# nlcpy.linalg.eigvals

nlcpy.linalg.eigvals(a)[ソース]

Computes the eigenvalues of a general matrix.

Main difference from `eig()` : the eigenvectors aren't returned.

Parameters
a(..., M, M) array_like

A complex- or real-valued matrix whose eigenvalues will be computed.

Returns
w(..., M) ndarray

The eigenvalues, each repeated according to its multiplicity. They are not necessarily ordered, nor are they necessarily real for real matrices.

`eig`

Computes the eigenvalues and right eigenvectors of a square array.

`eigh`

Computes the eigenvalues and eigenvectors of a complex Hermitian or a real symmetric matrix.

`eigvalsh`

Computes the eigenvalues of a complex Hermitian or real symmetric matrix.

This is implemented using the `_geev` LAPACK routines which compute the eigenvalues and eigenvectors of general square arrays.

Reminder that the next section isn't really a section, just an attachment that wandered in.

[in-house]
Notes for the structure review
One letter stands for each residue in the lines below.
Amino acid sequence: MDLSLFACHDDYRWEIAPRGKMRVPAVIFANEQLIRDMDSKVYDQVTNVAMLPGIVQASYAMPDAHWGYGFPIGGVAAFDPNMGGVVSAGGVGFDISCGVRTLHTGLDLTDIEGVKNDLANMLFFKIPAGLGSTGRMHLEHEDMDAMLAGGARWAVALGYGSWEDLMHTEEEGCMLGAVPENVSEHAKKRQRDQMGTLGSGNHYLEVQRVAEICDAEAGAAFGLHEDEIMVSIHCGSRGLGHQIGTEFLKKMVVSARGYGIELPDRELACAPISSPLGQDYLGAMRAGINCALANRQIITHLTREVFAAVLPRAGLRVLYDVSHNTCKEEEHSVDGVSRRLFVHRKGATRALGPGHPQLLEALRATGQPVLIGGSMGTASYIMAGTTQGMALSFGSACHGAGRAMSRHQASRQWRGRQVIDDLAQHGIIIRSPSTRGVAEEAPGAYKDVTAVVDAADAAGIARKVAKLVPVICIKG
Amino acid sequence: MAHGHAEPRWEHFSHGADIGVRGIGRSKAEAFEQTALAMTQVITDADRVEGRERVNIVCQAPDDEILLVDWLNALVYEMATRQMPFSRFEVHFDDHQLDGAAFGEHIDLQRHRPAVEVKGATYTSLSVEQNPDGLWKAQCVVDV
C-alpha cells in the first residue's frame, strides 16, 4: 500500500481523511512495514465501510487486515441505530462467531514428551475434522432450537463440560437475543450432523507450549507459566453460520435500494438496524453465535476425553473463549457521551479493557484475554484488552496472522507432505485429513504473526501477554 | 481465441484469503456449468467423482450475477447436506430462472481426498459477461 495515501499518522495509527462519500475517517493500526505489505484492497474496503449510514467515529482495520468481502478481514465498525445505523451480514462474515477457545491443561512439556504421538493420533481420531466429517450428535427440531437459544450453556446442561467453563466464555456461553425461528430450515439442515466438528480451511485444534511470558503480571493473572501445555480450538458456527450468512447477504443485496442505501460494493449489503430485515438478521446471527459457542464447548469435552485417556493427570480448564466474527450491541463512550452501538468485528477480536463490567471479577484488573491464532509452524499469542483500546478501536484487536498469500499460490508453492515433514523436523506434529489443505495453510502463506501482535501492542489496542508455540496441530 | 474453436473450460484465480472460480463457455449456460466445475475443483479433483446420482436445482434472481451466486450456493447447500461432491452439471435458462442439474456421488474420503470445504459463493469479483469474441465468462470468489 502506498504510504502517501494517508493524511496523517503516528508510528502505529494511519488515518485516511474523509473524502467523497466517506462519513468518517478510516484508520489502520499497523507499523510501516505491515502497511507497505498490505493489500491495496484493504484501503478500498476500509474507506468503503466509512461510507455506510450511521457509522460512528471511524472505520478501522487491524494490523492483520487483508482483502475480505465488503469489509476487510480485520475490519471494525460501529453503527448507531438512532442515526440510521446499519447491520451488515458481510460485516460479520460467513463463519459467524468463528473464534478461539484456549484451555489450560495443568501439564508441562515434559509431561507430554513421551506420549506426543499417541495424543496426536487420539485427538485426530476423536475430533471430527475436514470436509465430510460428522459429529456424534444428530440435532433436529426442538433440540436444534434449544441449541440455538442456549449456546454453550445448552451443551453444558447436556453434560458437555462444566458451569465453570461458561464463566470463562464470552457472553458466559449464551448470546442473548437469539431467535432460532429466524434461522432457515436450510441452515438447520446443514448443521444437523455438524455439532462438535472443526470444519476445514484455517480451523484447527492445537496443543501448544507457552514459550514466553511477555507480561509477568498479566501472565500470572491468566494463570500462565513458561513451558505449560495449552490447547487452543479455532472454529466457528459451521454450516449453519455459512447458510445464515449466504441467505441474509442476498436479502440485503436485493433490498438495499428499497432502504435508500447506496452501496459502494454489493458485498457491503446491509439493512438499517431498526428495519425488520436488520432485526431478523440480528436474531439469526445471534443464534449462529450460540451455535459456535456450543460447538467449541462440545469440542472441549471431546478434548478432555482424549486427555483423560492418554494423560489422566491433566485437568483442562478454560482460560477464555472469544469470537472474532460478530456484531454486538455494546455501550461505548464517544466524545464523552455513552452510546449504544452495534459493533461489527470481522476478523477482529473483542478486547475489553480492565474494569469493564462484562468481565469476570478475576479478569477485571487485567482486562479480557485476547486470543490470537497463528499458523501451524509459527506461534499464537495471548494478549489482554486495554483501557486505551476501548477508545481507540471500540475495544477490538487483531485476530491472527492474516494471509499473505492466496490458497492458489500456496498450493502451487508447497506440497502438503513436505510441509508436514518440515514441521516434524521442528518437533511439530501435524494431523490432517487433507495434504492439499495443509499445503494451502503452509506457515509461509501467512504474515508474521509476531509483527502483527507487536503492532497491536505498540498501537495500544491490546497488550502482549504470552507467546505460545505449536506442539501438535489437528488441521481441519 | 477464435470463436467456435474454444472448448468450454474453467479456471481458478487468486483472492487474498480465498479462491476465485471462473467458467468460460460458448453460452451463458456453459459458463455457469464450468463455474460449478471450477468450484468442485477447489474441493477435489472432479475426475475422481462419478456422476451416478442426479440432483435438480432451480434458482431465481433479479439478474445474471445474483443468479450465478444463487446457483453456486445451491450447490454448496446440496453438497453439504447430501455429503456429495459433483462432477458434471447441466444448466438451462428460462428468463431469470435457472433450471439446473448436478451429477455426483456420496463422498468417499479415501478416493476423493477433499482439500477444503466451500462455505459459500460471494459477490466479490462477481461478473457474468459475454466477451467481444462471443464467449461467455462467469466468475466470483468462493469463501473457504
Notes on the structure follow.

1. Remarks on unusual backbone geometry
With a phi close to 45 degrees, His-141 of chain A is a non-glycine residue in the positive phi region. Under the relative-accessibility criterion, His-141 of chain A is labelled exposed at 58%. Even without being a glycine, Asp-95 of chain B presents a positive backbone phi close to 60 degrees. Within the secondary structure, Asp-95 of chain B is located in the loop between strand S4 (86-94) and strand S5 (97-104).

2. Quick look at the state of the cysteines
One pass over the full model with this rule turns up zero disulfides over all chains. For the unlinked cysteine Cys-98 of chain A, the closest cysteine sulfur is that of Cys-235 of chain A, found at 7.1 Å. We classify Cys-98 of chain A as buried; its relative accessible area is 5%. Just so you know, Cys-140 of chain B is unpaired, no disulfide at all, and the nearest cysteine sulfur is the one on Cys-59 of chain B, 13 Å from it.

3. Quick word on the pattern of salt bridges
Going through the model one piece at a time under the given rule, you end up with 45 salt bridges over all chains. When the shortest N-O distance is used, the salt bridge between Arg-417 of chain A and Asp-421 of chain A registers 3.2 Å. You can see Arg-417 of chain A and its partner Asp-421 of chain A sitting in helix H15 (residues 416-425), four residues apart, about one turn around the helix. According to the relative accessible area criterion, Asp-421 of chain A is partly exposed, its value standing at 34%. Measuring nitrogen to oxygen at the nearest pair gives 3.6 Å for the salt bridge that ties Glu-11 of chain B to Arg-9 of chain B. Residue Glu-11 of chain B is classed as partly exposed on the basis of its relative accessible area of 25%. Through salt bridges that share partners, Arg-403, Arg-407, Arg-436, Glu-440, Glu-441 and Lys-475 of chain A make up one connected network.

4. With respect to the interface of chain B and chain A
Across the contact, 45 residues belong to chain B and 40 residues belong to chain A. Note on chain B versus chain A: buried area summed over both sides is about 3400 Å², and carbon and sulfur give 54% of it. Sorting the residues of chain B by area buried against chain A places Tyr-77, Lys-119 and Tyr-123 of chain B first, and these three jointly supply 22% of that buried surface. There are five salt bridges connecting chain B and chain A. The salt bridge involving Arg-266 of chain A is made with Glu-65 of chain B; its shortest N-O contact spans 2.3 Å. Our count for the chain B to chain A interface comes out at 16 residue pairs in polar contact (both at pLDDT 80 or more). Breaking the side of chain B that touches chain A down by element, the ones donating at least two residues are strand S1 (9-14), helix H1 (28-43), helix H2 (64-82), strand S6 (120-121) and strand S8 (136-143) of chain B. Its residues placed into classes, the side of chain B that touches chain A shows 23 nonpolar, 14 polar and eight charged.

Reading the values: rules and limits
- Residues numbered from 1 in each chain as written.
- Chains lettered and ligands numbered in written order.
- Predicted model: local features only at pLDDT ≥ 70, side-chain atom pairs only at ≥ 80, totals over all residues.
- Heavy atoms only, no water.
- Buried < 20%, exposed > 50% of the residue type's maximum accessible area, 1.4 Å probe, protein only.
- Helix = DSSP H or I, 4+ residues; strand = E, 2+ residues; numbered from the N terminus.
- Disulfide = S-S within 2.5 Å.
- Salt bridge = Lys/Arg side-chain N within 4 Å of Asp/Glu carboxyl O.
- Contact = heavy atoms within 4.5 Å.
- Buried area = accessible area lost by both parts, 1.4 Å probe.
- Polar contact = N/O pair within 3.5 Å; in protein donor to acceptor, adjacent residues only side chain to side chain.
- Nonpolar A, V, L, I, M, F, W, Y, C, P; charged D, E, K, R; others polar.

Examples

Illustration, using the fact that the eigenvalues of a diagonal matrix are its diagonal elements, that multiplying a matrix on the left by an orthogonal matrix, Q, and on the right by Q.T (the transpose of Q), preserves the eigenvalues of the "middle" matrix. In other words, if Q is orthogonal, then `Q * A * Q.T` has the same eigenvalues as `A`:

```>>> import nlcpy as vp
>>> x = vp.random.random()
>>> Q = vp.array([[vp.cos(x), -vp.sin(x)], [vp.sin(x), vp.cos(x)]])
>>> vp.linalg.norm(Q[0, :]), vp.linalg.norm(Q[1, :]), vp.dot(Q[0, :],Q[1, :])
(array(1.), array(1.), array(0.))
```

Now multiply a diagonal matrix by `Q` on one side and by `Q.T` on the other:

```>>> D = vp.diag((-1,1))
>>> vp.linalg.eigvals(D)
array([-1.,  1.])
>>> A = vp.dot(Q, D)
>>> A = vp.dot(A, Q.T)
>>> vp.linalg.eigvals(A)
array([ 1., -1.]) # random
```